Salivary gland cellular architecture in the Asian malaria vector mosquito Anopheles stephensi

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Abstract

Background: Anopheles mosquitoes are vectors for malaria, a disease with continued grave outcomes for human health. Transmission of malaria from mosquitoes to humans occurs by parasite passage through the salivary glands (SGs). Previous studies of mosquito SG architecture have been limited in scope and detail. Methods: We developed a simple, optimized protocol for fluorescence staining using dyes and/or antibodies to interrogate cellular architecture in Anopheles stephensi adult SGs. We used common biological dyes, antibodies to well-conserved structural and organellar markers, and antibodies against Anopheles salivary proteins to visualize many individual SGs at high resolution by confocal microscopy. Results: These analyses confirmed morphological features previously described using electron microscopy and uncovered a high degree of individual variation in SG structure. Our studies provide evidence for two alternative models for the origin of the salivary duct, the structure facilitating parasite transport out of SGs. We compare SG cellular architecture in An. stephensi and Drosophila melanogaster, a fellow Dipteran whose adult SGs are nearly completely unstudied, and find many conserved features despite divergence in overall form and function. Anopheles salivary proteins previously observed at the basement membrane were localized either in SG cells, secretory cavities, or the SG lumen. Our studies also revealed a population of cells with characteristics consistent with regenerative cells, similar to muscle satellite cells or midgut regenerative cells. Conclusions: This work serves as a foundation for linking Anopheles stephensi SG cellular architecture to function and as a basis for generating and evaluating tools aimed at preventing malaria transmission at the level of mosquito SGs.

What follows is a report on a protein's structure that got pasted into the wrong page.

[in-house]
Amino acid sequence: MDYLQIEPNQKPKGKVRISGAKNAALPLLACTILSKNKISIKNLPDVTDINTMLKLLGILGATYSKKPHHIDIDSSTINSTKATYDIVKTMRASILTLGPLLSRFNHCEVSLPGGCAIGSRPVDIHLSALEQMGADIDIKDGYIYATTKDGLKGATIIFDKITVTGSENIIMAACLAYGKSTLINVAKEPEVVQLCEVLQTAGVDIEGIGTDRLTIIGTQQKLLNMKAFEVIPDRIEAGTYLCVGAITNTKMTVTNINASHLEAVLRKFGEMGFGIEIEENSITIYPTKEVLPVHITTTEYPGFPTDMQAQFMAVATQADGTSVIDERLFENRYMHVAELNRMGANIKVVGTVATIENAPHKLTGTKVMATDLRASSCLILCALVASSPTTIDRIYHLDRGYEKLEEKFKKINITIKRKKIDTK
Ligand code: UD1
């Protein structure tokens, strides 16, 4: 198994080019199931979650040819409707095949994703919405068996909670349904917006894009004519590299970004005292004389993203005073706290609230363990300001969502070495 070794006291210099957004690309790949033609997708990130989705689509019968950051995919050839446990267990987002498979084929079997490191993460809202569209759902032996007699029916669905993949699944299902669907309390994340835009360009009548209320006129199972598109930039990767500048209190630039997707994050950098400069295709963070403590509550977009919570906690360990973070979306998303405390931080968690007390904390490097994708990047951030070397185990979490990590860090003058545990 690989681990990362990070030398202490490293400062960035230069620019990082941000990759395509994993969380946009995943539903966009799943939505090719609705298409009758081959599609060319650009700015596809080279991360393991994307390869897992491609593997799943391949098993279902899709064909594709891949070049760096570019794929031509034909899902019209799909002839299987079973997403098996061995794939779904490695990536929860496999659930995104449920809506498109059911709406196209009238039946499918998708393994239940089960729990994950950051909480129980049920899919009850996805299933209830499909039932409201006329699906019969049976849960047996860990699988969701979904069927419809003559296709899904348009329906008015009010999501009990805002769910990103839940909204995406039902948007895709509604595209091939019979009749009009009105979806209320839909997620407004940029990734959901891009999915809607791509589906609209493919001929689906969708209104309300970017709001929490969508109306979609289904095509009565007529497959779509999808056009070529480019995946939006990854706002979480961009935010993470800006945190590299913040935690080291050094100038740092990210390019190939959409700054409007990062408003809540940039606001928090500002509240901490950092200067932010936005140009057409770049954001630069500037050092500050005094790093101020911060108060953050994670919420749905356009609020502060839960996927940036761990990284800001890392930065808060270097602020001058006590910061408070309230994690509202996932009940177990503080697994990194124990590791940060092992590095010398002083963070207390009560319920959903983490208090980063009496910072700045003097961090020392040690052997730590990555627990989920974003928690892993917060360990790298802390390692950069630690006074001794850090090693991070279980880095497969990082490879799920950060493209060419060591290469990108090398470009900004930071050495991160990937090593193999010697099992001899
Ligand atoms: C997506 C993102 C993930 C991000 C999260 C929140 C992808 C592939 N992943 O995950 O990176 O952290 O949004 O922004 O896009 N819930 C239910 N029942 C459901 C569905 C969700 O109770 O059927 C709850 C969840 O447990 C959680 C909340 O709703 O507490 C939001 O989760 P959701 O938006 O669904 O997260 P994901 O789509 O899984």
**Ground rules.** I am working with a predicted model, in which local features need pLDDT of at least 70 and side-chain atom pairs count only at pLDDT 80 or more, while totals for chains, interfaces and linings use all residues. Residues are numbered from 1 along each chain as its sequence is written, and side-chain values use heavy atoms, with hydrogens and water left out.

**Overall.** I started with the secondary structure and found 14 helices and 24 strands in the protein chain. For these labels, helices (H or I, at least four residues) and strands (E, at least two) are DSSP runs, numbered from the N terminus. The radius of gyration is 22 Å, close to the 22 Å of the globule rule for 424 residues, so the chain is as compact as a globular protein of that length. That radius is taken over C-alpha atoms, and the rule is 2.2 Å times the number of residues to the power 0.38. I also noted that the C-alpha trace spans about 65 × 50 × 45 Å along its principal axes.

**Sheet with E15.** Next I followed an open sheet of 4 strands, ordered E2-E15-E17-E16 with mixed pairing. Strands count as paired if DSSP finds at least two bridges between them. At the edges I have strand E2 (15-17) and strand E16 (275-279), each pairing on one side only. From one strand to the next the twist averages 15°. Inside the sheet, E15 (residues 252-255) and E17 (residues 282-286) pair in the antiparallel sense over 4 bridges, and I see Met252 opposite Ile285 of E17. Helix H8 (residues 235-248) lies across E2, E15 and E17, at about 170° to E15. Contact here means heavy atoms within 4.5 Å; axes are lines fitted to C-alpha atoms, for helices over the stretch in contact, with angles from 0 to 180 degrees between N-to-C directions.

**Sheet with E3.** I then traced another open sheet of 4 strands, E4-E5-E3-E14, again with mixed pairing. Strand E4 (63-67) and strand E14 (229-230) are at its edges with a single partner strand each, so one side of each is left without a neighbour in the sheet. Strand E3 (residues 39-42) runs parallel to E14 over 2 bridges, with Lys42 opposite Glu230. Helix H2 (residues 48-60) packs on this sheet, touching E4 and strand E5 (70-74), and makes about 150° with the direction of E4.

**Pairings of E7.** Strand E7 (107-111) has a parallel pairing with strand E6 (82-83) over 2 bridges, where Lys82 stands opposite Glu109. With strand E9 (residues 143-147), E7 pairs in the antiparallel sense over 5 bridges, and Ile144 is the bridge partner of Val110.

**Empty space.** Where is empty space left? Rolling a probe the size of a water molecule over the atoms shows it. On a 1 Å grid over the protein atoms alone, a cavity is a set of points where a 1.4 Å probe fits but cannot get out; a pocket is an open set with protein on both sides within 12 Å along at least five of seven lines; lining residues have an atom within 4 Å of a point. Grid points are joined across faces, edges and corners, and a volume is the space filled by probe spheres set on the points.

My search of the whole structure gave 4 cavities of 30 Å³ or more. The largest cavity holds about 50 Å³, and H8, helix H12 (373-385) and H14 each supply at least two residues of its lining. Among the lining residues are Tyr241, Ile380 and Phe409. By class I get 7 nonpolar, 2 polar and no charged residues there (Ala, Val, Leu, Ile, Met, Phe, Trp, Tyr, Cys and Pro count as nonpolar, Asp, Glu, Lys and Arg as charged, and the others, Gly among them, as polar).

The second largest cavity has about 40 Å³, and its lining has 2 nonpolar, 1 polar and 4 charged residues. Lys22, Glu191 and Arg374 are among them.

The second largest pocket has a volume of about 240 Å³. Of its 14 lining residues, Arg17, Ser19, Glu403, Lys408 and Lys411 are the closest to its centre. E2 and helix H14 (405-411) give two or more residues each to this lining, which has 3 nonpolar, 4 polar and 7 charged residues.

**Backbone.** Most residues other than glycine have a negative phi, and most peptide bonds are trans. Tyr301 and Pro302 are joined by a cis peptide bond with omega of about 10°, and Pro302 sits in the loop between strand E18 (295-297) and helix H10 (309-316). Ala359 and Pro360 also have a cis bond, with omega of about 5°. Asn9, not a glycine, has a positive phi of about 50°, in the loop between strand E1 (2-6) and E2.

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Wells, M. B., & Andrew, D. J. (2015). Salivary gland cellular architecture in the Asian malaria vector mosquito Anopheles stephensi. Parasites and Vectors, 8(1). https://doi.org/10.1186/s13071-015-1229-z

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